The council elections on 3 May 2018 saw the Liberal Democrats hold London Borough of Sutton with a majority of 12 seats . Of the fifty-four seats available, the Liberal Democrats won thirty-three, the Conservatives eighteen, and Independent candidates took three seats . The full results for Sutton, ward-by-ward, are available at Sutton Elections , or as a document (pdf) from Sutton Council .
Thirty-three councillors were re-elected, along with twenty-one new councillors – eighteen for the first time, and three who had been councillors in Sutton previously (but not during 2014 and 2018). Table 1 shows the class of 2018 by Local Committee and Ward.
Our congratulations to all the newly elected councillors, and we look forward to getting to know you, engaging and working with you, to help deliver on Healthy Streets and active travel in our borough over the next four years.
In this article we profile the changes that took place, in terms of elected Sutton councillors, in the four years prior to the May 2018 council elections. In other words, from the beginning of the 2014-2018 term to the start of the 2018-2022 term. In the context of cycling (and walking) advocacy, this was the period from Space for Cycling to My Liveable London (the latter in partnership with Sutton Living Streets). We highlight some of the contributions that councillors, past and present, made to help set the foundations that will ultimately make Sutton a more cycle-friendly, people-friendly, place.
It is important to recognise, as part of this review, that borough councils in London provide the majority of day-to-day services for their local residents, including education, housing, social services, environmental services, local planning and many arts and leisure services. In contrast, the Mayor of London sets an overall vision for London. The Mayor has a duty to develop strategies on air quality, bio-diversity, culture and tourism, economic development, transport, waste and spatial development .
In representing their ward, and the people who live in it, all of our councillors have to work hard to balance the needs and interests of their local area, their residents, their voters, local businesses, their political party (if they belong to one) and the council. Balancing the different roles of being a councillor makes a considerable demand on their time, and there is little doubt that all councillors contribute greatly, in one way or another, to the benefit of the community they represent.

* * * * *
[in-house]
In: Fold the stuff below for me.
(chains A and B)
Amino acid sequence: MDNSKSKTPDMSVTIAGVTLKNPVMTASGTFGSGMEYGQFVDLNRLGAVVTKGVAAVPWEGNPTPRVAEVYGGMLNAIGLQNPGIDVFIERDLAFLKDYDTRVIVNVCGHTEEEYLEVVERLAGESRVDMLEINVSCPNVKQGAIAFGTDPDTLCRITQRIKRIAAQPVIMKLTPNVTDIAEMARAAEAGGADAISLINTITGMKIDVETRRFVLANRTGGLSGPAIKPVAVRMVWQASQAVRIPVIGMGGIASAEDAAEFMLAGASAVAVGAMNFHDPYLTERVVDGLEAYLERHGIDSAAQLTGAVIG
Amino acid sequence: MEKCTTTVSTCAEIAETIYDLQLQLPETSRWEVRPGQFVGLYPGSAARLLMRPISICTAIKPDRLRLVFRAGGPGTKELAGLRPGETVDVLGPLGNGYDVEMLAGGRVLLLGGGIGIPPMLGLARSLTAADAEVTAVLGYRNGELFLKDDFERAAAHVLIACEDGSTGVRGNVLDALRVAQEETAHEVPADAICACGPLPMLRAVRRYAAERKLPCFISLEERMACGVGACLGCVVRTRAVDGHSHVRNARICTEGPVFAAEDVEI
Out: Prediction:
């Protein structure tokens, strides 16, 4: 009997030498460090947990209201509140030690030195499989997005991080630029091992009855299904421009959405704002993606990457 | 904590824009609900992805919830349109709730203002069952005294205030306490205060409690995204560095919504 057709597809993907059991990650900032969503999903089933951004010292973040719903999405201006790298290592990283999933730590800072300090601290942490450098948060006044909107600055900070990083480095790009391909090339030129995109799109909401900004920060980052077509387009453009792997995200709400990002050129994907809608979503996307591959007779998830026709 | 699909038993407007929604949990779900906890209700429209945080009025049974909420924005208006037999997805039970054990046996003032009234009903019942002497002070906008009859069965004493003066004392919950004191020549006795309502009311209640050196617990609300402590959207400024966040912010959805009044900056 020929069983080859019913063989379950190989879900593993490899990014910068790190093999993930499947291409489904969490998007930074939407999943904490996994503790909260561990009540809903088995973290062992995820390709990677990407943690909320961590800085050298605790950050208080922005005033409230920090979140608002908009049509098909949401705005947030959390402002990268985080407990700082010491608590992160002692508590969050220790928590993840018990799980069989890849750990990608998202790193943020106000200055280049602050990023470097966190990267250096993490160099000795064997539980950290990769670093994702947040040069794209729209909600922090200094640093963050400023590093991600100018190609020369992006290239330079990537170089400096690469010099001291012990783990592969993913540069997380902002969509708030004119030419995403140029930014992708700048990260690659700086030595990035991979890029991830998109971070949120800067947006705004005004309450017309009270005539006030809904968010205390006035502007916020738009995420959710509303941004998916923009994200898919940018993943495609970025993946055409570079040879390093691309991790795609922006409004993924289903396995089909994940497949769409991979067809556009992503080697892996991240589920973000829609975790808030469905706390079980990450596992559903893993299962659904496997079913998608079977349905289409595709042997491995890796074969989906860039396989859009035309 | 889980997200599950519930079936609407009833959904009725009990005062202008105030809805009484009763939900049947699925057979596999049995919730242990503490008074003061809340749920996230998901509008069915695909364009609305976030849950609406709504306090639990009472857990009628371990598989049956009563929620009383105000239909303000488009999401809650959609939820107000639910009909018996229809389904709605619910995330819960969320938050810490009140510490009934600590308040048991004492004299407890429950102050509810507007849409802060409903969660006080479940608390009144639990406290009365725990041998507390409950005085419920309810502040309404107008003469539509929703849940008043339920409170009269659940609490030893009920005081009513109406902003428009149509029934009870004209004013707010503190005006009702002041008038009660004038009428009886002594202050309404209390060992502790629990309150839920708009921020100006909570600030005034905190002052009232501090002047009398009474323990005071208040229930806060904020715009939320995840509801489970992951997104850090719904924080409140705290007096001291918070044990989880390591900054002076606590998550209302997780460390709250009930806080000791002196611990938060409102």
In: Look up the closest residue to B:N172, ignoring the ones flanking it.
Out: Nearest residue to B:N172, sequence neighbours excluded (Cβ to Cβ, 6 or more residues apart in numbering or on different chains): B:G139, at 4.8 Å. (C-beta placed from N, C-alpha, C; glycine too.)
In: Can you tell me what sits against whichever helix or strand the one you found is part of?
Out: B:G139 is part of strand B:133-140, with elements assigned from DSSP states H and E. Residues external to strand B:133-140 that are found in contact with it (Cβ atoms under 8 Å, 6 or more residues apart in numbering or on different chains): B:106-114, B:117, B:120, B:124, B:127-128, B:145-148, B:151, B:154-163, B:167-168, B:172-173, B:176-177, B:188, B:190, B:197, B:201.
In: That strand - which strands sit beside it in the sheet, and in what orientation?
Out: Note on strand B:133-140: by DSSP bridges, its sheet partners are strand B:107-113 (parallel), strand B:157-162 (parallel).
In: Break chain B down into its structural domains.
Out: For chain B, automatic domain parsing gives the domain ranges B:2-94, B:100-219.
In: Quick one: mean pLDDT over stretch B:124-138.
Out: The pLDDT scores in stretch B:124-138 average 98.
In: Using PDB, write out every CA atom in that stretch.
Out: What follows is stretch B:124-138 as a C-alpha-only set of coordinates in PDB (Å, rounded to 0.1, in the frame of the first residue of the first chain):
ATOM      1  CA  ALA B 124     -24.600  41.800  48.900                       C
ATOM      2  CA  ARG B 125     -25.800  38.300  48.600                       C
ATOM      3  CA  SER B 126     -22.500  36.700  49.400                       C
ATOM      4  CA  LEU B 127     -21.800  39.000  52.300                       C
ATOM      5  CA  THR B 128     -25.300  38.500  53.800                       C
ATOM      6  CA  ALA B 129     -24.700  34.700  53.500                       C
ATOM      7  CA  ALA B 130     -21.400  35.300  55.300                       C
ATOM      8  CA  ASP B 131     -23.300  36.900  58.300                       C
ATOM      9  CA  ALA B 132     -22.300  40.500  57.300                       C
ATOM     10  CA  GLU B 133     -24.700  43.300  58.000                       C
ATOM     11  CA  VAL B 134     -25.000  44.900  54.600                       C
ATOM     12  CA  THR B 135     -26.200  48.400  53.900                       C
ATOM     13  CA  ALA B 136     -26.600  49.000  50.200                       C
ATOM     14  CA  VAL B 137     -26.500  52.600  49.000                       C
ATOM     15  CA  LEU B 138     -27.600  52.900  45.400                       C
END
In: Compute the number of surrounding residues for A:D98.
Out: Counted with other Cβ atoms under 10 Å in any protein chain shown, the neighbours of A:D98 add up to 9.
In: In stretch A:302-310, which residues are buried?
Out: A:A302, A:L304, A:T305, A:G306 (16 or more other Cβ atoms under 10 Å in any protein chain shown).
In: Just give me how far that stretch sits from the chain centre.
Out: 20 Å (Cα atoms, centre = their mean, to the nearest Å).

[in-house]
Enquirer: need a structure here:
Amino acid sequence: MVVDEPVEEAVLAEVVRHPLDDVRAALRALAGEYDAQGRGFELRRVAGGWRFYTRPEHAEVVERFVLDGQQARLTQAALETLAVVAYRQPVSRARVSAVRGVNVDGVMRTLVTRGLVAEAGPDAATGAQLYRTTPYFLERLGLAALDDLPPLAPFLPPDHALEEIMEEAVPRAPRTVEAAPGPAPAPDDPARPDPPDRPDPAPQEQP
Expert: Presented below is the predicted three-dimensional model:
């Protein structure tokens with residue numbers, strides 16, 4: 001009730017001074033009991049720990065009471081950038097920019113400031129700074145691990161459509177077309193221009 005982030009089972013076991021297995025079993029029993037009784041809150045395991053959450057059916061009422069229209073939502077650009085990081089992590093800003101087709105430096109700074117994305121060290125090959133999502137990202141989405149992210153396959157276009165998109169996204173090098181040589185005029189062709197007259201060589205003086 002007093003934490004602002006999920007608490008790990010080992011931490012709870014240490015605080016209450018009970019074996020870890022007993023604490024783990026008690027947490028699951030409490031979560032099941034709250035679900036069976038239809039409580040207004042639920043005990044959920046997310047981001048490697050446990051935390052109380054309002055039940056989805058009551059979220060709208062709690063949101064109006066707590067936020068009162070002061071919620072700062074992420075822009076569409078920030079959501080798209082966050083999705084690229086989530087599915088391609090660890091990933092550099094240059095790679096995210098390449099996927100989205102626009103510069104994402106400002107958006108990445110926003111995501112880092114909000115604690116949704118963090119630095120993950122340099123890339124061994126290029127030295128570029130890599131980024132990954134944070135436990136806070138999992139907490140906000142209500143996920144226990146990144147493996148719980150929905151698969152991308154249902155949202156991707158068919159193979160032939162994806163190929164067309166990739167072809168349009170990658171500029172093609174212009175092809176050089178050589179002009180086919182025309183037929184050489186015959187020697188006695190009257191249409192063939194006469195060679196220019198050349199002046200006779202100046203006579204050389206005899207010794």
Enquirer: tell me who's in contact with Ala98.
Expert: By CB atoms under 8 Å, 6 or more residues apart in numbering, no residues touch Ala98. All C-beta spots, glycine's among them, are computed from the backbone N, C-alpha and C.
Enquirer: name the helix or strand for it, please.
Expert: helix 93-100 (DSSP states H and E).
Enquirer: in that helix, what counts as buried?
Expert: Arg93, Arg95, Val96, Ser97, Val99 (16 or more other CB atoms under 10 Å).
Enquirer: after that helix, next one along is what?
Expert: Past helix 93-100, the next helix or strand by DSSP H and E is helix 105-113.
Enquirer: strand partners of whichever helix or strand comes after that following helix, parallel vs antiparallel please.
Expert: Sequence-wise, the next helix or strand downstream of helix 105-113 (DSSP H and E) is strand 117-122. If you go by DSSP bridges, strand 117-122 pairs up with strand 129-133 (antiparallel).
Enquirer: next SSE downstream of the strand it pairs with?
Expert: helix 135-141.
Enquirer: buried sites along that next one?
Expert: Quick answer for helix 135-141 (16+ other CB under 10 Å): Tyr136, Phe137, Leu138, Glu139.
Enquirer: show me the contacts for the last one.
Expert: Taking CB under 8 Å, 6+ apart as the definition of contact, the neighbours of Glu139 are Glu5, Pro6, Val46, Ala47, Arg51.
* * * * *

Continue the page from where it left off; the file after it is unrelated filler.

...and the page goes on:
As democratically elected local representatives, councillors have a unique and privileged position. Their decisions can make a real difference to people’s lives, and these decisions (usually taken in partnership with borough council officers) can have an impact that lasts for many years to come.
The London Boroughs Political Almanac, from London Councils, provides a useful overview of councillor numbers, and party representation, for each London borough for every year since 1964 . For the London Borough of Sutton the overall profile, from 2014 to 2017 (with 2018 added), is as shown in Table 2.
At the beginning of the 2014-2018 term
At the beginning of the 2014-2018 term, following the elections on 22 May 2014, there were forty-five Liberal Democrats and nine Conservatives councillors representing Sutton, see Table 3.
During the 2014-2018 term
During the 2014-2018 term there were two deaths, one suspension, and two resignations.
Regretfully, two councillors died during their term of office. Cllr. Colin Hall, Deputy Leader of the Council, (Liberal Democrat, Wallington South), on 30 March 2015 (Tributes paid to Councillor Colin Hall), and Cllr. Adrian Davey (Liberal Democrat, Stonecot) on 24 November 2017 (A tribute to Councillor Adrian Davey). See Table 5.
Following the death of Cllr. Colin Hall, a by-election was held in Wallington South on 11 June 2015, and Cllr. Steve Cook was duly elected as Liberal Democrat councillor to represent the Wallington South ward (Steve Cook elected as councillor of Wallington South).
In the case of Cllr. Adrian Davey, a by-election was not held (presumably due to the proximity of the May 2018 elections), and so the position for a third councillor in the Stonecot ward remained vacant for a little over five months.
Although neither Cllr. Colin Hall nor Cllr. Adrian Davey directly gave their support for the specific Space for Cycling ‘ask’ in their wards, it was clear that both councillors embraced the cycling and walking vibe.